EGU General Assembly 2023
© Author(s) 2023. This work is distributed under
the Creative Commons Attribution 4.0 License.

Crustal rhyolite melts at mantle depths

Luigi Dallai1,2,3, Gianluca Bianchini4, Riccardo Avanzinelli5, Mario Gaeta1, Etienne Deloule6, Claudio Natali5,7, Andrea Cavallo8, and Sandro Conticelli7
Luigi Dallai et al.
  • 1Dipartimento Scienze della Terra, Università degli Studi di Roma “Sapienza”, Piazzale Aldo Moro, 5, 00185, Roma, Italy.
  • 2INGV, Via di Vigna Murata 605, 00143, Roma, Italy.
  • 3CNR – IGG, Area della Ricerca di Pisa, Via Moruzzi, 1, 56127, Pisa, Italy
  • 4Dipartimento di Fisica e Scienze della Terra, Università degli Studi di Ferrara, Via Giuseppe Saragat, 1, 44122, Ferrara, Italy
  • 5Dipartimento di Scienze della Terra, Università degli Studi di Firenze, Via Giorgio La Pira, 4, 50121, Firenze, Italy.
  • 6CNRS – CRPG, 15 rue Notre Dame des Pauvres, 54501, Vandoeuvre les Nancy, France.
  • 7CNR – IGAG, Area della Ricerca di Roma-1, SP 35d, 9, 00010, Montelibretti RM, Italy.
  • 8Certema S.c.a.r.l., S.P. del Cipressino km 10, 58044, Borgo Santa Rita, Cinigiano GR, Italy.

Melts with rhyolite compositions originate from partial melting of crustal rocks or extensive differentiation of basaltic melts, at temperatures in the range of 800 °C. Accordingly, they are confined to the shallow continental crust. Nevertheless, experimental studies have demonstrated that dacite-rhyolite melts can be generated at higher temperature (> 1000°c) and pressure (>2 GPa), by partial melting of continental crustal lithotypes, but direct evidence for their occurrence has never been found. This implies that rhyolite melts may be produced at mantle conditions either by subduction of sedimentary material or exhumation of subducted continental crust.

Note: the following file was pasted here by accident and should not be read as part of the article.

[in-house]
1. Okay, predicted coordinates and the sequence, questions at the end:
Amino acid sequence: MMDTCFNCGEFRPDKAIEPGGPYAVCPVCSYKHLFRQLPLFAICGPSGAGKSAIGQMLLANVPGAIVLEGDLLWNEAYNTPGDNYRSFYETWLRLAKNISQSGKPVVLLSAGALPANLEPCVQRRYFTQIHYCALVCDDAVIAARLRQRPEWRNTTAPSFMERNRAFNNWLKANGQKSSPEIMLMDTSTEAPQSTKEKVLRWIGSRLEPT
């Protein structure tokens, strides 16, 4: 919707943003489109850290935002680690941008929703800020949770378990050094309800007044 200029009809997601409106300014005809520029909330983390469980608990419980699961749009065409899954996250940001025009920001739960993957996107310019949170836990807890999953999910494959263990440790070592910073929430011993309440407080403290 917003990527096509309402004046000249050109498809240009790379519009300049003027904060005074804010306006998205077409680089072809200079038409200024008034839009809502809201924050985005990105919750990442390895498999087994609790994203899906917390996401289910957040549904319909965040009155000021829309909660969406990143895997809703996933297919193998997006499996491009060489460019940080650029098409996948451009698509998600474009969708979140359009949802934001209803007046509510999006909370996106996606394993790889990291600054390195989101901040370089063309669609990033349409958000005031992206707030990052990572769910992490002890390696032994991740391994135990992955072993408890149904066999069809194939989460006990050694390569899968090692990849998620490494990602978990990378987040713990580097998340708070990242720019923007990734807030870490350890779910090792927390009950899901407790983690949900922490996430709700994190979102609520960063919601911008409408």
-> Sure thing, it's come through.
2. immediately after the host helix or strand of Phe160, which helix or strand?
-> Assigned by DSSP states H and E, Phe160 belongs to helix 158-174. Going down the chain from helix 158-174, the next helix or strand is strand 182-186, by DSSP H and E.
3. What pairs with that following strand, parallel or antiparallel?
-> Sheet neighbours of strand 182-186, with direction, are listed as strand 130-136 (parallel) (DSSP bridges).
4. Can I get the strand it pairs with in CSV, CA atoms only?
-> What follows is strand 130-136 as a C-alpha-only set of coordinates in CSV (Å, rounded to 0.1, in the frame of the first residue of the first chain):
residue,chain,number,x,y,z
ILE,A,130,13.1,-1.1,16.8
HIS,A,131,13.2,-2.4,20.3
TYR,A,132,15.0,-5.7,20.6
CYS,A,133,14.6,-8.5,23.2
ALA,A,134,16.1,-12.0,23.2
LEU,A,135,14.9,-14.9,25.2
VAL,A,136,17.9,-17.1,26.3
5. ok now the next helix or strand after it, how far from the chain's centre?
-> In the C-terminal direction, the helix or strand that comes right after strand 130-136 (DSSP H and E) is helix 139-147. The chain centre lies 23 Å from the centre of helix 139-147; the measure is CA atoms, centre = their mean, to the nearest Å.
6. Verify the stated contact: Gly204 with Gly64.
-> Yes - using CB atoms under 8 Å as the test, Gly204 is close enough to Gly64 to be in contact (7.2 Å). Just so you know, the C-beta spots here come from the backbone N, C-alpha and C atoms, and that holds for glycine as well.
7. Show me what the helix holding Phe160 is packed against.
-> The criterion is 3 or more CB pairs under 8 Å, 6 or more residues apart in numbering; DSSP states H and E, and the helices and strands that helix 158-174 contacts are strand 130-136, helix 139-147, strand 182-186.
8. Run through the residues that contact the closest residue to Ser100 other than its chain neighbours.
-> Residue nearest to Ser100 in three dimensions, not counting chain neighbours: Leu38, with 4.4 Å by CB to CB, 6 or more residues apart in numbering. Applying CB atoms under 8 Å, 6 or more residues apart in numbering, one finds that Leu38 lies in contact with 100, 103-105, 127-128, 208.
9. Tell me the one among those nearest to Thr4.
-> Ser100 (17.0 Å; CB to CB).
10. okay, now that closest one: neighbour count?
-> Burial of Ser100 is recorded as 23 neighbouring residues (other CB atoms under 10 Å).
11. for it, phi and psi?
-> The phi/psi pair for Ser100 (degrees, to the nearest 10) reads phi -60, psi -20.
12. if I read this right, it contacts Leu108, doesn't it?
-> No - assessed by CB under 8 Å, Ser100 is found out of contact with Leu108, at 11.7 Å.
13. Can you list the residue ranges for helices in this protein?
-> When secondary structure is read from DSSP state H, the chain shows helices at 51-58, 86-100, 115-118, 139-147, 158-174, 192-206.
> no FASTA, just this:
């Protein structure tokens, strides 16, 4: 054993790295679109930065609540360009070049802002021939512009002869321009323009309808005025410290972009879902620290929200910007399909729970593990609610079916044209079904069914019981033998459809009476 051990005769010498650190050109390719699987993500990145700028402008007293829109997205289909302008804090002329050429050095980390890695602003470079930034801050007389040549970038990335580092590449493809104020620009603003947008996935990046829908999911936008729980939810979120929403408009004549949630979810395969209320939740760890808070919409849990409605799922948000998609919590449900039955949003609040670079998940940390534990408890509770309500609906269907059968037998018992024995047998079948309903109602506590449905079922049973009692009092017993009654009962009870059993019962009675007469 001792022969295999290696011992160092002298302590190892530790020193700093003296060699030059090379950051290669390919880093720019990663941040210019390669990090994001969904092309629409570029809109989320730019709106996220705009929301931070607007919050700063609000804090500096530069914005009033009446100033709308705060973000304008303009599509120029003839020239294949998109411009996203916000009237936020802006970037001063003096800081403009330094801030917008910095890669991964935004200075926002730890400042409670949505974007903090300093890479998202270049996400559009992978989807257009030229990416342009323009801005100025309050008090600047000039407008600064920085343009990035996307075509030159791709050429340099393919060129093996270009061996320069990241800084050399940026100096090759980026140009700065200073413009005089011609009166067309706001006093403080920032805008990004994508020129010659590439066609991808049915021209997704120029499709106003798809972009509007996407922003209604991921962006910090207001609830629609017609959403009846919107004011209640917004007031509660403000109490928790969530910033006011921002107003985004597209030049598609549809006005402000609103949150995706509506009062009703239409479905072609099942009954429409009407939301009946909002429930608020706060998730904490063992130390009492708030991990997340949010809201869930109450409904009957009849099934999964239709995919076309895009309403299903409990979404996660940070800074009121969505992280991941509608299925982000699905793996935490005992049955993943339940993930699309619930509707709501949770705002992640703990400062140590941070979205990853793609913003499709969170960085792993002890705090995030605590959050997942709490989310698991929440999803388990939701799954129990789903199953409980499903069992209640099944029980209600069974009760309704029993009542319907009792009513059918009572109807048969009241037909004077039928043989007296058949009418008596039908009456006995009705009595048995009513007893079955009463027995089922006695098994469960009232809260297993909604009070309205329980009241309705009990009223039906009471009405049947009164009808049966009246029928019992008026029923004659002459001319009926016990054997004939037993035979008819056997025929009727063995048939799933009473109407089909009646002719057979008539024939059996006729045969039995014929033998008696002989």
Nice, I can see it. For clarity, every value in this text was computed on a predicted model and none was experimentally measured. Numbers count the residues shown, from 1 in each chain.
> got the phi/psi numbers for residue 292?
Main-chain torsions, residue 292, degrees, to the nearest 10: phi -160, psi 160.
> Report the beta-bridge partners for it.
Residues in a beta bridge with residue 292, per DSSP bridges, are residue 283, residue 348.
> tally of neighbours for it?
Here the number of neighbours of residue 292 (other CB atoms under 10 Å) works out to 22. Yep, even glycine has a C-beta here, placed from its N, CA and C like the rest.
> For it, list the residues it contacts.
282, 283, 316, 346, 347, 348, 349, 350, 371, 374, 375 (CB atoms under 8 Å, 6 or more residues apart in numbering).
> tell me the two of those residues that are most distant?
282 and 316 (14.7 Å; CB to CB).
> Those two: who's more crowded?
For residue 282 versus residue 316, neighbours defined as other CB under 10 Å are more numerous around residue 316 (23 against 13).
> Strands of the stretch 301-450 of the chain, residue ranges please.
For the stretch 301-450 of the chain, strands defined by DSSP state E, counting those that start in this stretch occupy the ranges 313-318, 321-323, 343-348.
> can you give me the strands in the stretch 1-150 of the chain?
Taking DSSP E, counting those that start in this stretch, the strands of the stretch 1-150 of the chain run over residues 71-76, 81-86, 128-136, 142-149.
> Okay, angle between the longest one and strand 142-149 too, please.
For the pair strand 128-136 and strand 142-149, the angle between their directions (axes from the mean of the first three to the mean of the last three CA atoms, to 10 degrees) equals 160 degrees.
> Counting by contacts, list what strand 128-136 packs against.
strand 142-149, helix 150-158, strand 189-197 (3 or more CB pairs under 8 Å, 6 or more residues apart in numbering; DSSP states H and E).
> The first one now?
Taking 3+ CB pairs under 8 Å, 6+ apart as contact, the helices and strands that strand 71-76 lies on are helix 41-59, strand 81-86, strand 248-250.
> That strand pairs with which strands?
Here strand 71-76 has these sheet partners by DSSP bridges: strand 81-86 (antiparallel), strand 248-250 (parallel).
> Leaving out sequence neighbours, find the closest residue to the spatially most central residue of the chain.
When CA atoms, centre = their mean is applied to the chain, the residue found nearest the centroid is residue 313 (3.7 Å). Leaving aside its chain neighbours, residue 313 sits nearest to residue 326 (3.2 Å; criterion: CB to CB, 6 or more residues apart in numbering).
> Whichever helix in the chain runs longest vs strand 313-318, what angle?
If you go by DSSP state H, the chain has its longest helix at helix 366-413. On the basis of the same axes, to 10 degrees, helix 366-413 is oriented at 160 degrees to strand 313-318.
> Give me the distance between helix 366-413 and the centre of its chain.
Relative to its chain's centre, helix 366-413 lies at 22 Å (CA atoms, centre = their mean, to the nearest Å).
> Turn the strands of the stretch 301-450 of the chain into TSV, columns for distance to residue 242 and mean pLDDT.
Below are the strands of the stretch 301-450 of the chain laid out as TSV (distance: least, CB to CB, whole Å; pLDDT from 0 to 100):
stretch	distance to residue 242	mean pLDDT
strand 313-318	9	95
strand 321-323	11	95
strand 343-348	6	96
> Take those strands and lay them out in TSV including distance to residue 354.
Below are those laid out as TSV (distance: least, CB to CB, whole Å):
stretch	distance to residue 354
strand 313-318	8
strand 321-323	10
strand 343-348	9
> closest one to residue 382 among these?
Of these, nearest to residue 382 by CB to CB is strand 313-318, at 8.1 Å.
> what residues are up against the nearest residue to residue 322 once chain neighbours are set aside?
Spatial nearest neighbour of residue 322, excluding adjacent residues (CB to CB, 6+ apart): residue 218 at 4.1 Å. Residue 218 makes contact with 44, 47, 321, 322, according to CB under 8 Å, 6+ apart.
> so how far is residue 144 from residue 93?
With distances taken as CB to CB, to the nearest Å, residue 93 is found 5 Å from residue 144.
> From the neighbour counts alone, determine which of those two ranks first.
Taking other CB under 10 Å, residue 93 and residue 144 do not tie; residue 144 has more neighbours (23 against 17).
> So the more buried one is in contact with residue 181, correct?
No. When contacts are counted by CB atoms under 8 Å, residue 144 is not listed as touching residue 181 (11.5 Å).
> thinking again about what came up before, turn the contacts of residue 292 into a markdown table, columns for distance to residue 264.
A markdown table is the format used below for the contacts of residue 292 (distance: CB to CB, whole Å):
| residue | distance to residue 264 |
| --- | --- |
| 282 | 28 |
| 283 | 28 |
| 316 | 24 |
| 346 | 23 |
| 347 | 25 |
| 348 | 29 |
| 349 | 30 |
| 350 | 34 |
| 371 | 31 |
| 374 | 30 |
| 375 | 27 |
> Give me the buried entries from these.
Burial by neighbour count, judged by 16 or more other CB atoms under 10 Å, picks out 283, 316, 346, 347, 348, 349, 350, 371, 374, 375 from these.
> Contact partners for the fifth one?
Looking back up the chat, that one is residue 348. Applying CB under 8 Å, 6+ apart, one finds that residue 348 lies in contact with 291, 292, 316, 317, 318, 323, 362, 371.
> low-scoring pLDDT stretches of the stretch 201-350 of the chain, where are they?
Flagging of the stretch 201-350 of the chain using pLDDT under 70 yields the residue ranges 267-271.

Ephemeral rhyolite melt inclusions were found preserved in peridotite xenoliths from Tallante (Betic Cordillera, southern Spain) that are remnants of a supra-subduction mantle wedge. Here, the interaction of silica-rich melts with peridotite generated hybrid mantle domains, characterized by the occurrence of millimetre-sizes felsic veins with crust-like Sr-Nd-Pb-O- isotope compositions. The “Tallante” composite xenoliths were found among a wide population of peridotitic xenoliths, and display extreme compositional and isotopic heterogeneities both within the ambient peridotite and within the felsic veins. The latter consist of orthopyroxene, plagioclase, and quartz, and they are separated from the surrounding peridotite by an orthopyroxene-rich reaction zone. In their mineral phases, rhyolite glass inclusions and interstitial films associated to quartz crystals were observed. Petrological evidence and thermodynamic modelling indicate that rhyolite melts were originated by partial melting of near an-hydrous garnet-bearing metapelites at temperatures above 1000 °C. Partial melting was likely triggered by near-isothermal decompression during rapid exhumation of previously subducted crustal slivers. The melts reacted with the ambient lithospheric mantle at lower temperature (900 °C) and produced orthopyroxene, followed by plagioclase, quartz, and phlogopite. On the basis of chemical characteristics, it is hypothesized that potassic (HK-calc-alkalic to shoshonitic) and  ultrapotassic magmas may originate from metasomatic mantle sources generated from the interaction of crustal rhyolitic melts with mantle peridotite.

How to cite: Dallai, L., Bianchini, G., Avanzinelli, R., Gaeta, M., Deloule, E., Natali, C., Cavallo, A., and Conticelli, S.: Crustal rhyolite melts at mantle depths, EGU General Assembly 2023, Vienna, Austria, 24–28 Apr 2023, EGU23-17587,, 2023.